Online version with hyperlinks: http://www.unz.com/akarlin/ea-and-intelligence-theory/
I am a blogger and independent researcher who is interested in the intersections of intelligence theory, futurism, economics, and geopolitics.
Here is a summary of my ideas relevant to Effective Altruism:
Intelligence is central to explaining the wealth and poverty of nations, so a good understanding of it is central to formulating good EA-based policies.
- Near universal agreement amongst psychologists on validity of general factor of intelligence (Gottfredson 1994; Jensen 1998). No replication crisis in psychometrics unlike the rest of psychology!
- Solid positive correlations with incomes, job prestige, and virtually all measures of worldly success.
- Excellent correlation between national IQ and GDP per capita (0.9!!) once you adjust for resource windfalls and Communist legacy (Karlin 2012). The economist Garett Jones calls this the “hive mind” thesis, and has shown that the causation is mostly from the former to the latter (Jones 2015). There is an approximately 3x increase in GDP per capita for every S.D. gain in average national IQ.
- Despite popular but usually mistaken anecdotes, such as that of Feynman’s mediocre IQ, the elite scientists who drive scientific and technological progress are around 4 S.D. above the Western population mean (Roe 1952).
- There is a case to be made – what I call the Apollo’s Ascent theory – that rising intelligence is indispensable for scientific and technological progress, since problems tend to get harder over time (Karlin 2015).
Important implications for EA follow from this, some obvious – some less so, and some outright controversial.
Obvious: The necessity of IQ-ameliorating interventions, especially in the developing world. There have already been resounding successes on this front historically (salt iodization). Work on micronutrient supplementation and deworming is extremely effective and should continue, as the EA community has long recognized.
Less Obvious: Improving IQ in the developed world, since it is so strongly associated with greater prosperity and performance across all metrics of civilization (which also results in less need for charity in the first place). Unfortunately, all schooling interventions tried to date have been shown to be inefficacious, so we need to be more ambitious. We need to throw more money and brainpower at the genetics of IQ; CRISPR/Cas9 and other gene editing techniques; and more speculatively, neural augs. There are many “intersectionalities” between EA and machine intelligence safety research; more intelligent humans will find it easier to understand the case for caution and help decrease the likelihood of a malevolent “breakout.”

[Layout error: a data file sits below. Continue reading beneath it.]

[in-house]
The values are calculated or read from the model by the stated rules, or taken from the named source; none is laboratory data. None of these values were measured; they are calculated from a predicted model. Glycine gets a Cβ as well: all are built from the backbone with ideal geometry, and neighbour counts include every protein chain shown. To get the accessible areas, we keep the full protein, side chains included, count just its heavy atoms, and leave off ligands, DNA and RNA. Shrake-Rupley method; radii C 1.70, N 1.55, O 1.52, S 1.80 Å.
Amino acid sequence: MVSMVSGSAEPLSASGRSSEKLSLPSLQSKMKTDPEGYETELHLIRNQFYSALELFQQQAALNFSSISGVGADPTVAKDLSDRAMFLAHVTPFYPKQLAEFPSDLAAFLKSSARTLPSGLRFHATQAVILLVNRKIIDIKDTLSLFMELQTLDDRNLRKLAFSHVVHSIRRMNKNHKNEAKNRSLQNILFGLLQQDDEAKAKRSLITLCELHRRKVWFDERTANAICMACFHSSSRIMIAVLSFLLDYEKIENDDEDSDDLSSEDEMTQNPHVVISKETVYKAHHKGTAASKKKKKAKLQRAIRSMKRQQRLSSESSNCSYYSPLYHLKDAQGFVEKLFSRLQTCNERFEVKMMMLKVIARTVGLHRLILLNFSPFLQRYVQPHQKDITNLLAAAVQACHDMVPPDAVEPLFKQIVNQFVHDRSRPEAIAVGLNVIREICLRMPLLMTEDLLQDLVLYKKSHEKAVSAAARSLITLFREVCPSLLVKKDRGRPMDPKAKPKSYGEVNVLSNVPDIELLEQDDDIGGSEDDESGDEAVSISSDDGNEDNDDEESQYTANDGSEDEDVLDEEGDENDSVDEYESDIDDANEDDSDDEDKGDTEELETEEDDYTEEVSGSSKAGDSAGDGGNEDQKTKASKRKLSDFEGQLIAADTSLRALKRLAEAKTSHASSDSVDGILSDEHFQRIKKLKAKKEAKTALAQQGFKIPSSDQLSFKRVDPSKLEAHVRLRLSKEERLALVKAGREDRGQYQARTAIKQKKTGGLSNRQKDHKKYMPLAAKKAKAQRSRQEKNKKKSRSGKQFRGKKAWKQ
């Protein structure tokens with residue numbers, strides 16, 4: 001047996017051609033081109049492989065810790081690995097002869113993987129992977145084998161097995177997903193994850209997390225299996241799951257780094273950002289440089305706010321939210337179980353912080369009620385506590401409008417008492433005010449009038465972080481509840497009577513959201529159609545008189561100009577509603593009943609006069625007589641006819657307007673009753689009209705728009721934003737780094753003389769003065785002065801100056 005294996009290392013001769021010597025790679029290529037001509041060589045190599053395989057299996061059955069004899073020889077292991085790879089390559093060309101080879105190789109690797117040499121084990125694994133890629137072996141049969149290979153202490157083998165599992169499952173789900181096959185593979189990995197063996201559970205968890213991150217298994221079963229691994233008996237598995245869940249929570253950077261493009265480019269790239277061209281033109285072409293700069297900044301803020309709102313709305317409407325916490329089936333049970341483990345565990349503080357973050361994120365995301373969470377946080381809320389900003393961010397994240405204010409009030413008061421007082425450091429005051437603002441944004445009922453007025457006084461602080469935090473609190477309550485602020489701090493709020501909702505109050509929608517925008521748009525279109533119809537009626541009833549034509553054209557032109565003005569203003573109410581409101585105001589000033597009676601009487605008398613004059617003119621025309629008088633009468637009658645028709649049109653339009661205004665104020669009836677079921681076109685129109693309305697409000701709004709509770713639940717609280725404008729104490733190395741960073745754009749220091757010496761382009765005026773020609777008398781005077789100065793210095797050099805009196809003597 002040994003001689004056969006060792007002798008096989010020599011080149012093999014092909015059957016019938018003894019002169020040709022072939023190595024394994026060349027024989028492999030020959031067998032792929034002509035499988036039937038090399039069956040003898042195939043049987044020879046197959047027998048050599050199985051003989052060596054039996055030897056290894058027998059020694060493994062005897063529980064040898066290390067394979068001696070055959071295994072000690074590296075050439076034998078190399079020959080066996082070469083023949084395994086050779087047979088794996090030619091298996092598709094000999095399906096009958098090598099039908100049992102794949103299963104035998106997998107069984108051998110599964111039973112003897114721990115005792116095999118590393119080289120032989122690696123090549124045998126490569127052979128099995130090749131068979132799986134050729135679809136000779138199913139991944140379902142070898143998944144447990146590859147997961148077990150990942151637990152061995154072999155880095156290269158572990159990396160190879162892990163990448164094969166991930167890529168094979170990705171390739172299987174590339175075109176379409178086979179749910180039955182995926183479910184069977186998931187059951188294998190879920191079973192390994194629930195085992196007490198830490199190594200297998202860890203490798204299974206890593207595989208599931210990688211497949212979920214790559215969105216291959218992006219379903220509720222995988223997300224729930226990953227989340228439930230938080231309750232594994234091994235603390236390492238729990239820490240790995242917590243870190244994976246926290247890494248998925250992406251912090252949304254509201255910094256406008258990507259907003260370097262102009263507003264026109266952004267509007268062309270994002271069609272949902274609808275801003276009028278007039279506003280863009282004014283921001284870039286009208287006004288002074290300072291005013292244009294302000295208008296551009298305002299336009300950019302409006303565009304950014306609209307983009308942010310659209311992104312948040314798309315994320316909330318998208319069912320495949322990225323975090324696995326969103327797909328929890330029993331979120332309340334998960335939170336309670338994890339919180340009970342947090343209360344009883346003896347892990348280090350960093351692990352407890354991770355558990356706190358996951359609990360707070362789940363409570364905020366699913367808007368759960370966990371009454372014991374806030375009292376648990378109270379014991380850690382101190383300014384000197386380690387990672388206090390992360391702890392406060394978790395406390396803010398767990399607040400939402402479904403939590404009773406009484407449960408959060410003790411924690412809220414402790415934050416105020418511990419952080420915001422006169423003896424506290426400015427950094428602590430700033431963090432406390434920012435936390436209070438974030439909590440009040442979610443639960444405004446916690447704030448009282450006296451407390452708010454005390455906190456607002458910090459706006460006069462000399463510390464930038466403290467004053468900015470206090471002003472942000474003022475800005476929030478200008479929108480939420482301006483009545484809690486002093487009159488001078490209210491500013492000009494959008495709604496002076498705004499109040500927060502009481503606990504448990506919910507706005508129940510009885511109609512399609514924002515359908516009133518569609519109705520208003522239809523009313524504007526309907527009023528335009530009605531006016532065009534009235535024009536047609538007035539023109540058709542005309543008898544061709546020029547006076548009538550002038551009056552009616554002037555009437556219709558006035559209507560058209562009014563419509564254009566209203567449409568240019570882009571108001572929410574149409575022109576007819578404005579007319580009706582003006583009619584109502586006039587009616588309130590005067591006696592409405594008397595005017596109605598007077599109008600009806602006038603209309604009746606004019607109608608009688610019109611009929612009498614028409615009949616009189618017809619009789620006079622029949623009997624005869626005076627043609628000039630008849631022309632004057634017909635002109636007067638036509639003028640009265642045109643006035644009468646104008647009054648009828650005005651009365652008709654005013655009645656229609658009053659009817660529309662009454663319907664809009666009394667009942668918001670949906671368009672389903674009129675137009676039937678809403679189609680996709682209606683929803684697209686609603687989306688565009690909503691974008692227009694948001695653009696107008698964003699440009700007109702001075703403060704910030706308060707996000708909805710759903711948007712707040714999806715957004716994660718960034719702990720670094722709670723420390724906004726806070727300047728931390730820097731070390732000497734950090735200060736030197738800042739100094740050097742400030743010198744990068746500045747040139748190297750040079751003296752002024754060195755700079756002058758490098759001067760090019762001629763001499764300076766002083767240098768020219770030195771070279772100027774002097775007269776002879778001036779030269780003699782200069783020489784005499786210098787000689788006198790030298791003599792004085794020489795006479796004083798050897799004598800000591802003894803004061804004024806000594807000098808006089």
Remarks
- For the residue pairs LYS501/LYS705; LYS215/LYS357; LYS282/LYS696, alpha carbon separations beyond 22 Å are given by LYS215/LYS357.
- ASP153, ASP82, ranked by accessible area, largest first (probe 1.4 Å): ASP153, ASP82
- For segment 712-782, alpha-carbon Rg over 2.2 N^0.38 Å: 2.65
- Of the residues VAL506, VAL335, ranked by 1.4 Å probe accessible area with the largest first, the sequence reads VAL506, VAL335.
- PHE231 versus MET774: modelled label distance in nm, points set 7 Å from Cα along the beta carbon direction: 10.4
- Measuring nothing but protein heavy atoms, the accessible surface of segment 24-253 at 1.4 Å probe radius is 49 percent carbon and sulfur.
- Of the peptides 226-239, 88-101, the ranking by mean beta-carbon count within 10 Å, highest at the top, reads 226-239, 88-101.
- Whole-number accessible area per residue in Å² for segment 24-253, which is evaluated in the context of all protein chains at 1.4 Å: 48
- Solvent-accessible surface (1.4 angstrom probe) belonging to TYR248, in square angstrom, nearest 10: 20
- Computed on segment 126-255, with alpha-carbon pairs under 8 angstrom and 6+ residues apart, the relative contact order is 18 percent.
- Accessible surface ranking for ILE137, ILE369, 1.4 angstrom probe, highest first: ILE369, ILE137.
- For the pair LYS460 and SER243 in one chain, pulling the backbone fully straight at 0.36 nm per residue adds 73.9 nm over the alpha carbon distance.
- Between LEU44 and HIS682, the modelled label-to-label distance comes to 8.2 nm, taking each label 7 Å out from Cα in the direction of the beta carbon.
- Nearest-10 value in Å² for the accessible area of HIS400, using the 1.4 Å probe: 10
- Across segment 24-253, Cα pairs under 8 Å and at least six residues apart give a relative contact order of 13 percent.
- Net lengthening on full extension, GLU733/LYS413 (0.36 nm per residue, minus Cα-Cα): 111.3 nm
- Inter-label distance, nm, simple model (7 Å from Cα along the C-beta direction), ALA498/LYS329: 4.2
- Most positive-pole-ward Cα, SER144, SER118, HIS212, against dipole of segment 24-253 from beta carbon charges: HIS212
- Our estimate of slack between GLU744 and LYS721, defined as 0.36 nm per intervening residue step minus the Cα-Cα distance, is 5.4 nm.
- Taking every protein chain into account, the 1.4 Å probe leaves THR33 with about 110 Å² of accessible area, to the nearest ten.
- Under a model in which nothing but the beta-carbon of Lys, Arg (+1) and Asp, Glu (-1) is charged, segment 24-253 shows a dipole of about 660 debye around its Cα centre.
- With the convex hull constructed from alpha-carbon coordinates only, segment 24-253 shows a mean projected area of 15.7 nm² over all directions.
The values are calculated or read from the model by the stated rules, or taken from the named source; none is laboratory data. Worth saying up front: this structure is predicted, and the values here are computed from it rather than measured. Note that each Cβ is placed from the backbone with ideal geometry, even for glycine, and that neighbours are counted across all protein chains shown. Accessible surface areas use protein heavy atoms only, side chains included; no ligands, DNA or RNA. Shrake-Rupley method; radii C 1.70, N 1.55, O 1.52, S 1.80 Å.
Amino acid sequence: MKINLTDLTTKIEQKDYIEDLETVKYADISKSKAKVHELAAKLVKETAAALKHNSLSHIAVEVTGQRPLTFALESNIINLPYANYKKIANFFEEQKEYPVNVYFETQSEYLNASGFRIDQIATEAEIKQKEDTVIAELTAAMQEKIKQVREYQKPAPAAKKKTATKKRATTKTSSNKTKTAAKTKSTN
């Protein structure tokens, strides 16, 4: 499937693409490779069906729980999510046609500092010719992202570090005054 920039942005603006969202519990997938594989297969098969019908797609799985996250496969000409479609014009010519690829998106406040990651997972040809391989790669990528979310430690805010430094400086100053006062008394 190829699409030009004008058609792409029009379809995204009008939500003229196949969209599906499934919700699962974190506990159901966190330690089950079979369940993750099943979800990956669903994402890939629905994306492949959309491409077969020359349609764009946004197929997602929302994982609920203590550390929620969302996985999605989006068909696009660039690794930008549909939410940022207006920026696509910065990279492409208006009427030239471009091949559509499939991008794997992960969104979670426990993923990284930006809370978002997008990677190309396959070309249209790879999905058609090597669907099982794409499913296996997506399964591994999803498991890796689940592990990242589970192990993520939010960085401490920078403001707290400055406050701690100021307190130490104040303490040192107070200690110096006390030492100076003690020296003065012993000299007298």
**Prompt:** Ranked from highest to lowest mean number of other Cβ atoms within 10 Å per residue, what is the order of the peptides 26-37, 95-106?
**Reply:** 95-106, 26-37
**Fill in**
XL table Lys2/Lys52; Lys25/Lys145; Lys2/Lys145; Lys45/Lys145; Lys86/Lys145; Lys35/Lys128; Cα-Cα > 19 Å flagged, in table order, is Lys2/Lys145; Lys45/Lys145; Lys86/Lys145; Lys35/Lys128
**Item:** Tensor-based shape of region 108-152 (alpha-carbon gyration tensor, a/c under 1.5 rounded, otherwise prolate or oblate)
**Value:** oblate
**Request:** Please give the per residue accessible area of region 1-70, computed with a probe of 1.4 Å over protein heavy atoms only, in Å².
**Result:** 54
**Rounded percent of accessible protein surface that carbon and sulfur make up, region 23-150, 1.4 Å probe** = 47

Controversial: It is time to look more critically at the Open Borders orthodoxy within the EA community (Karlin 2015):
- Hive Mind: Unfiltered immigrants from the developing world almost inevitably have lower average IQs than the recipient country (Rindermann 2014). Nor is there any evidence of long-term convergence. As such, the quality of the “hive mind” decreases, resulting in long-term decrease of the “equilibrium” level of GDP per capita relative to what it would otherwise be.
- Cognitive Colonialism: You can have a “cognitively elitist” immigration policy, like Singapore or Australia, but it imposes a heavy burden upon the developing world by scouring it of the “smart fractions” they need for their own development (Karlin 2015).
- Skills misallocations: The First World has no shortage of specialists. A doctor from Syria or D.R. Congo is more likely to end up as a taxi driver (or Uber now?) as to make relevant use of whatever professional qualifications he might have.
- Loss of global arbitrage opportunities: George Soros, an outspoken proponent of open borders, has called the EU to spend almost $20,000 per immigrant during just their first year. But $1 of spending in Africa goes a lot further than $1 in Austria or America. For instance, a Syrian refugee doctor and his family can buy an oceanfront suite for $2,500 in the capital of Tanzania (a poor country which gets a useful specialist and economic investment at a fraction of the cost of hosting said doctor in Europe).
- Other costs: Cultural incompatibility, decrease in social cohesion, and rise in xenophobic sentiments (cross out as per your ideological tilt).
Did you find any of this interesting, intriguing, or at least not completely bonkers?